The contours of the edentulous arch must be evaluated to determine the proper intaglio surface design. When the ridge and tissue surface are relatively flat, a convex design can be established with relative ease (Figs. 2a–2d). When the ridge structure is more rounded, it can be difficult to achieve a convex intaglio surface. In some situations, the shape of the arch allows for a convex interior intaglio surface, but with a concave design at the outer edges in order to create a proper transition between the prosthesis and soft tissue (Figs. 3a–3d).
To optimize intaglio surface design, it should be included as part of the restorative-driven treatment plan. For cases in which an immediate fixed denture is being delivered, ovate pontics can be added to the intaglio surface of the temporary appliance, which contours the soft tissue in preparation for the final implant prosthesis. This helps create concavities in the soft tissue during the healing phase, making it easier to establish a convex intaglio surface in the final restoration. When converting a complete denture into a fixed provisional restoration, self-curing acrylic or composite can be added to the intaglio surface of the immediate fixed denture, checked for a proper fit, and adjusted as needed (Fig. 4).
Whether the implants are being immediately loaded or a delayed protocol is being followed, the intaglio surface should be considered when the restorative phase of treatment begins. For example, when completing the prescription for the full-arch implant restoration, instructions can be provided to apically extend the intaglio surface 0.5 mm into the soft-tissue surface represented on the master cast. This design slightly compresses the soft tissue and creates a seal, preventing gaps where bacteria, food particles and debris can be trapped under the restoration (Figs. 5a–5d).
The intaglio surface should be closely evaluated during the wax setup try-in. One advantage of the BruxZir Full-Arch Implant Prosthesis is that the final restoration is an exact replica of the doctor-approved design (Figs. 6a–6e). This provides the opportunity to build out the intaglio surface at the try-in appointment. The intaglio surface design is then verified with the milled provisional prosthesis, which is worn for a trial period, allowing the patient to confirm comfort, esthetics and ease of cleaning. This provisional prosthesis can also be adjusted to help contour the patient’s existing anatomy to receive a properly contoured final prosthesis. The confirmed design is ultimately copy-milled in the form of the monolithic zirconia restoration.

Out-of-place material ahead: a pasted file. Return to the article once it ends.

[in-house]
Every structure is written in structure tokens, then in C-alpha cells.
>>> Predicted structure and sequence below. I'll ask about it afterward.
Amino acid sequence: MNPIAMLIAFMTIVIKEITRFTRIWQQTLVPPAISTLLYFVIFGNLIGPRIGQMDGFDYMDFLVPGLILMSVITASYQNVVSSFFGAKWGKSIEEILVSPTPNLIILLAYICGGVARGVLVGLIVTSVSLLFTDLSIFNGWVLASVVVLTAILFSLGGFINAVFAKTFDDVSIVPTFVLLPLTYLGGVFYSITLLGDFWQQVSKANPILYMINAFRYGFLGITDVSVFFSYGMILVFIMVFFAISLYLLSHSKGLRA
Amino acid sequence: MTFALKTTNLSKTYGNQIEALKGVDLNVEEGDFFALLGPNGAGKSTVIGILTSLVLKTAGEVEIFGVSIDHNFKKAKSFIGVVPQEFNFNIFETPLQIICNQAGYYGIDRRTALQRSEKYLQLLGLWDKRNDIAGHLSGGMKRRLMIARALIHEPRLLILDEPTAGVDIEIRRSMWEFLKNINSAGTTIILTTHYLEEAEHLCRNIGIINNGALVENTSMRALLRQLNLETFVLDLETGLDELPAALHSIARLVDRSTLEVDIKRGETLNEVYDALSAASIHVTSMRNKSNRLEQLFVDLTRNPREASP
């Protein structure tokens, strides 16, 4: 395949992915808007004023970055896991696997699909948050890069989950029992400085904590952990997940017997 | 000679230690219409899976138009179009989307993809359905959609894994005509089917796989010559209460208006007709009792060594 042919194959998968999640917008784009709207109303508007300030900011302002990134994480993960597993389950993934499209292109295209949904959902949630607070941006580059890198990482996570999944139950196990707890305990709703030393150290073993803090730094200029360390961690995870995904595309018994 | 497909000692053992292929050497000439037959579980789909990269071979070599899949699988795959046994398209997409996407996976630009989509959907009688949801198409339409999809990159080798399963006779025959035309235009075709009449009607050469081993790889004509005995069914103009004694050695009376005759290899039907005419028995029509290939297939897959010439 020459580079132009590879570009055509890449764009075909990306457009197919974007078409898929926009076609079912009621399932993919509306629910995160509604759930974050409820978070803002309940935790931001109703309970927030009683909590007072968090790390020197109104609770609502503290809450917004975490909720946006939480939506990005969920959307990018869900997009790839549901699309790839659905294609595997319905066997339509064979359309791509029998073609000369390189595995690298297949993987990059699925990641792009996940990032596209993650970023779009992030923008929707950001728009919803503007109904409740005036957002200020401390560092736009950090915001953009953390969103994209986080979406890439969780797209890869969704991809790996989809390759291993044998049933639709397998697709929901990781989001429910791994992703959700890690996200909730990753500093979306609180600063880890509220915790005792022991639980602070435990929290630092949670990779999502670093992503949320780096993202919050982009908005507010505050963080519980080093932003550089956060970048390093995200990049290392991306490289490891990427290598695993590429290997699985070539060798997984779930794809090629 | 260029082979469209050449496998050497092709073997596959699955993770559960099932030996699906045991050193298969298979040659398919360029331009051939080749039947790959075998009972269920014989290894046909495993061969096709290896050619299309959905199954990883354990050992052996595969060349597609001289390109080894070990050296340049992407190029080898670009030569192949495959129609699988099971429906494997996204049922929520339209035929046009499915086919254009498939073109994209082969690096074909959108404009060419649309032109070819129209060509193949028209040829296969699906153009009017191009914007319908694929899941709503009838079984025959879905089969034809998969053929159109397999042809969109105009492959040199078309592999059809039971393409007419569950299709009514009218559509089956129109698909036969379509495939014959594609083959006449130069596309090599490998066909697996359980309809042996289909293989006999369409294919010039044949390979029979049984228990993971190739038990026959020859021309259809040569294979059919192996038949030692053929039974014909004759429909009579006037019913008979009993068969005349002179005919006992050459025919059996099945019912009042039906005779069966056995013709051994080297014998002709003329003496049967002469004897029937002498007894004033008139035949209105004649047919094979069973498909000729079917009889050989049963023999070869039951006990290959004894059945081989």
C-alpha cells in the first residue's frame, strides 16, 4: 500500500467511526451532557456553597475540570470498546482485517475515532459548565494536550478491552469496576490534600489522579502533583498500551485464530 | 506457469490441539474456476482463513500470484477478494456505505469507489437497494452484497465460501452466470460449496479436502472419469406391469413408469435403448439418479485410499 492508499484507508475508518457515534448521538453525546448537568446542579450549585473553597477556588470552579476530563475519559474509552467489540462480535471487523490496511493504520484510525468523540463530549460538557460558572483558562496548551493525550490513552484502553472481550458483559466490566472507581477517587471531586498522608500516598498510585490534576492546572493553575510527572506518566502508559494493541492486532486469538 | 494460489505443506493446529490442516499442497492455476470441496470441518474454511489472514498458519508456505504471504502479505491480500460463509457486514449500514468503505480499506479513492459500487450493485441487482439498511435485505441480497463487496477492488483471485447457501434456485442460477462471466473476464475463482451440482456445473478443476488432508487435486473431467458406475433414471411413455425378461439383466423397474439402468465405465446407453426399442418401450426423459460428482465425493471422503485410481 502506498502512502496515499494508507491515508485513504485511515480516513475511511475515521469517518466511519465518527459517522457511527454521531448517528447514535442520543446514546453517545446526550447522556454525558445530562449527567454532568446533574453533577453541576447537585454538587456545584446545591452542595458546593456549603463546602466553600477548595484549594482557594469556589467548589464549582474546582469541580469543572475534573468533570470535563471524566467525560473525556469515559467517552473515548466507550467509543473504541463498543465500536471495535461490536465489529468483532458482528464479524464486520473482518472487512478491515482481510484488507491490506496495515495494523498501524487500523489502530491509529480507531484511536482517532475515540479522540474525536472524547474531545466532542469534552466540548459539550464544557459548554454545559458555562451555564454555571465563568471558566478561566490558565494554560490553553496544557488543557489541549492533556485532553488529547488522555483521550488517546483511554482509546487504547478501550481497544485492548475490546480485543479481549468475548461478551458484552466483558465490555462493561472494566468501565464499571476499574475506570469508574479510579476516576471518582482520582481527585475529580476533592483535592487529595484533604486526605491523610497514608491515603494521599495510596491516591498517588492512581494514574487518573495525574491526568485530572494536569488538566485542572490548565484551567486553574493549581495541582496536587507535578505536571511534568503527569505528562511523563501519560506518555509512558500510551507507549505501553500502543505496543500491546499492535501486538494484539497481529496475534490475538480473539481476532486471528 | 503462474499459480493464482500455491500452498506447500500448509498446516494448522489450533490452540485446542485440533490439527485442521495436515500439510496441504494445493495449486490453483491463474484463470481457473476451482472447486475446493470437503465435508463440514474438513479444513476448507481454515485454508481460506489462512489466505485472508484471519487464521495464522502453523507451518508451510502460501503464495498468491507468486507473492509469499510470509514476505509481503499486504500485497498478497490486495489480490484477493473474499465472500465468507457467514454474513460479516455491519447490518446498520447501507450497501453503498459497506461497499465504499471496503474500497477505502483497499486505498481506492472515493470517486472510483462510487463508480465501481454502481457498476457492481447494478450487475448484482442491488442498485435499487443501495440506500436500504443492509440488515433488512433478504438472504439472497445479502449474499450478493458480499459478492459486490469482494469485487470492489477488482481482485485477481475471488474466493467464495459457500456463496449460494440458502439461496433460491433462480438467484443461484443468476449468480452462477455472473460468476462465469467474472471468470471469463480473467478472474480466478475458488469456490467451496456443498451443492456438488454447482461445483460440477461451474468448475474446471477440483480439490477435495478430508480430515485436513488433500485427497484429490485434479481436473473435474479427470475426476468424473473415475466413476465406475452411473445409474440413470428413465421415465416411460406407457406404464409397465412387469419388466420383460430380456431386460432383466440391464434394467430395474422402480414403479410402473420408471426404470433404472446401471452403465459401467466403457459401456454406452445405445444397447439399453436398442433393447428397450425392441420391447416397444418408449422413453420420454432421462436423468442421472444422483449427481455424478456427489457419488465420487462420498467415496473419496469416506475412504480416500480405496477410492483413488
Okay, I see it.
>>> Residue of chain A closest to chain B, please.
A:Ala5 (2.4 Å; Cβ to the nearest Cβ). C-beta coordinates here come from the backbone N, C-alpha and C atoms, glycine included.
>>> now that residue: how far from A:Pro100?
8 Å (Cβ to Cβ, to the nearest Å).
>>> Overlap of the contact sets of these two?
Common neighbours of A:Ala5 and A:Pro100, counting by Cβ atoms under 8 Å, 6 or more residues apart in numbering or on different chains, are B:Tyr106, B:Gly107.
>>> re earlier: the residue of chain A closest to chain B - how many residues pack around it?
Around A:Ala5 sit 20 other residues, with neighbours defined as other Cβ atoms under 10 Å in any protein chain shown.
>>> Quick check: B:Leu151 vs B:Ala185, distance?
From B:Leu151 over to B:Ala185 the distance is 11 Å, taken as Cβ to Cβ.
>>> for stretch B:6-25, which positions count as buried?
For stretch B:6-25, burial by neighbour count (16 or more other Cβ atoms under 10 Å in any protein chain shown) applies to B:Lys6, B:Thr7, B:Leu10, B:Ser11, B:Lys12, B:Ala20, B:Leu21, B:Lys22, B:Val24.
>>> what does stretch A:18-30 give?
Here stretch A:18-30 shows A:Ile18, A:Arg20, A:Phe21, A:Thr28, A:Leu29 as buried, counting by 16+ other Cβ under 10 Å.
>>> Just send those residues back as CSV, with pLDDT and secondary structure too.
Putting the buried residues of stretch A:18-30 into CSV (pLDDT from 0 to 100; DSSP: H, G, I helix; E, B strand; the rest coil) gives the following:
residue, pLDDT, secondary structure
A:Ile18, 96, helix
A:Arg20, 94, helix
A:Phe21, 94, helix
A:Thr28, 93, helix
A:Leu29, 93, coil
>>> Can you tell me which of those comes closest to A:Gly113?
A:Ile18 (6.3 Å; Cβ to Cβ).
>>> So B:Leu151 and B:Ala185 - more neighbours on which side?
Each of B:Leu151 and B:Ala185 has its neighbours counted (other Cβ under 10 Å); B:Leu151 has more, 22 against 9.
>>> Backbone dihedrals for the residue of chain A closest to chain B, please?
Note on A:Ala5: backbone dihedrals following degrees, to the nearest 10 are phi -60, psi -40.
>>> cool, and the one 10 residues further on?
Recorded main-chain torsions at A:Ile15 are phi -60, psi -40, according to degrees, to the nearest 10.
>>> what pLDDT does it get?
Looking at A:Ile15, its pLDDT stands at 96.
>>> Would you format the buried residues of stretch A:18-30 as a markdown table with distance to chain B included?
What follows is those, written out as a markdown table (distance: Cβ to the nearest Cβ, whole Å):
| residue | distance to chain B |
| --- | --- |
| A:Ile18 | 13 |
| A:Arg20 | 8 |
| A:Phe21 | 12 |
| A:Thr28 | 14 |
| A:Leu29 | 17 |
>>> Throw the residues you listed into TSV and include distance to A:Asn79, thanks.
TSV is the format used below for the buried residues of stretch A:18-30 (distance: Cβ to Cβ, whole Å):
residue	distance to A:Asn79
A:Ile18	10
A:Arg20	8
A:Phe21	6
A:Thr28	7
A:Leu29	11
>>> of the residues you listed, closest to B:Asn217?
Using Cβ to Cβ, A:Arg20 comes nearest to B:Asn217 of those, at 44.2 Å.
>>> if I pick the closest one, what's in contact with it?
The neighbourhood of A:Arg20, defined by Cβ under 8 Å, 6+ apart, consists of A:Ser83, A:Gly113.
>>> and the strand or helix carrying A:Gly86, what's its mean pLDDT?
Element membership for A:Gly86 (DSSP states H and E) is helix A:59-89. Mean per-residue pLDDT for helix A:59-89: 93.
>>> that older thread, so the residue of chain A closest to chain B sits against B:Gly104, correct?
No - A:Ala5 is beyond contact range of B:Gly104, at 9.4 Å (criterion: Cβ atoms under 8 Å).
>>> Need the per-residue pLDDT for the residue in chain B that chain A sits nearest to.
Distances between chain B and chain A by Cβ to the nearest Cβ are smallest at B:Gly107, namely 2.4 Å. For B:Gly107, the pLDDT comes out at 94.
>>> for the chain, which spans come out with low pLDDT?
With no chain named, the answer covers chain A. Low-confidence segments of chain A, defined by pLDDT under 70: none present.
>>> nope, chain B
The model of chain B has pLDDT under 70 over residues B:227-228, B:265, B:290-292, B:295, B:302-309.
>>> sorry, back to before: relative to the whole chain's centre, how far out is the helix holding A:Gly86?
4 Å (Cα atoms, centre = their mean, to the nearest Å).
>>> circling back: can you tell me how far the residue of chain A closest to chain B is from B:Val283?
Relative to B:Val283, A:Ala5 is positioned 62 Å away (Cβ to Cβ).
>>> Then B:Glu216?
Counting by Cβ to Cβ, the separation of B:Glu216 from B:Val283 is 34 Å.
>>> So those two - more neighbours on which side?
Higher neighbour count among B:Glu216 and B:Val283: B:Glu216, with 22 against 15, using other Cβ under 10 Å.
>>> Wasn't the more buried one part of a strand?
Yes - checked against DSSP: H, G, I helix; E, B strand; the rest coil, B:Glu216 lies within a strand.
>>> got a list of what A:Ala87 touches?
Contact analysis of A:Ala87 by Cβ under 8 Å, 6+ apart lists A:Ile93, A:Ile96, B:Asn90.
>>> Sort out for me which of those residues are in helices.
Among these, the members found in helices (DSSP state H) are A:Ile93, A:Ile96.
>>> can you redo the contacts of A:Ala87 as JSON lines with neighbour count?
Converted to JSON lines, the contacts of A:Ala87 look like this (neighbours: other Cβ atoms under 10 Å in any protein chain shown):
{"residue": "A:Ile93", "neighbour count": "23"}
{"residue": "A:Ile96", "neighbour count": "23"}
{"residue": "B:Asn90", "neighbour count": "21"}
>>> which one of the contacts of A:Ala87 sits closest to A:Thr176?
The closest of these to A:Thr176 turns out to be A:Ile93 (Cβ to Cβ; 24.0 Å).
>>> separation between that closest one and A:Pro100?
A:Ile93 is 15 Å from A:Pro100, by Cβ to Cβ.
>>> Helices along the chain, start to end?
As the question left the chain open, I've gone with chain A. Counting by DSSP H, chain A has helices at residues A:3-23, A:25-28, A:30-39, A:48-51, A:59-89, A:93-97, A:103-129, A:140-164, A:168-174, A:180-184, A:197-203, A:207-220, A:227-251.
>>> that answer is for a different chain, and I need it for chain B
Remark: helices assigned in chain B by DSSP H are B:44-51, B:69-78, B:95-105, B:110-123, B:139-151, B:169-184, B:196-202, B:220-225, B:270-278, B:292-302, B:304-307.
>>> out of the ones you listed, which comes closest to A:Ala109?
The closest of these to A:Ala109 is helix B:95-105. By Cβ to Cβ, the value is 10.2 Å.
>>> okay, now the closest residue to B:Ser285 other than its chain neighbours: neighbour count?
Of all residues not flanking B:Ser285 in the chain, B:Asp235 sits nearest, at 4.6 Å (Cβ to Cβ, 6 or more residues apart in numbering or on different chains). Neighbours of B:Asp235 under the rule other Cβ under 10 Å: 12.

In order to create a seal and avoid food traps, there should be contact between the gingival and intaglio surfaces.
After trying in the wax setup or milled provisional prosthesis to ensure it seats completely, the entire intaglio surface should be inspected to determine whether it is touching the soft tissue. In order to create a seal and avoid food traps, there should be contact between the gingival and intaglio surfaces. Mild tissue blanching is acceptable at the discretion of the clinician. Material should be added to any gaps between the intaglio surface and soft tissue, and removed from areas that impinge on the soft tissue. The clinician and the patient should be able to thread and pass floss underneath the prosthesis and clean between the intaglio surface and the soft tissue.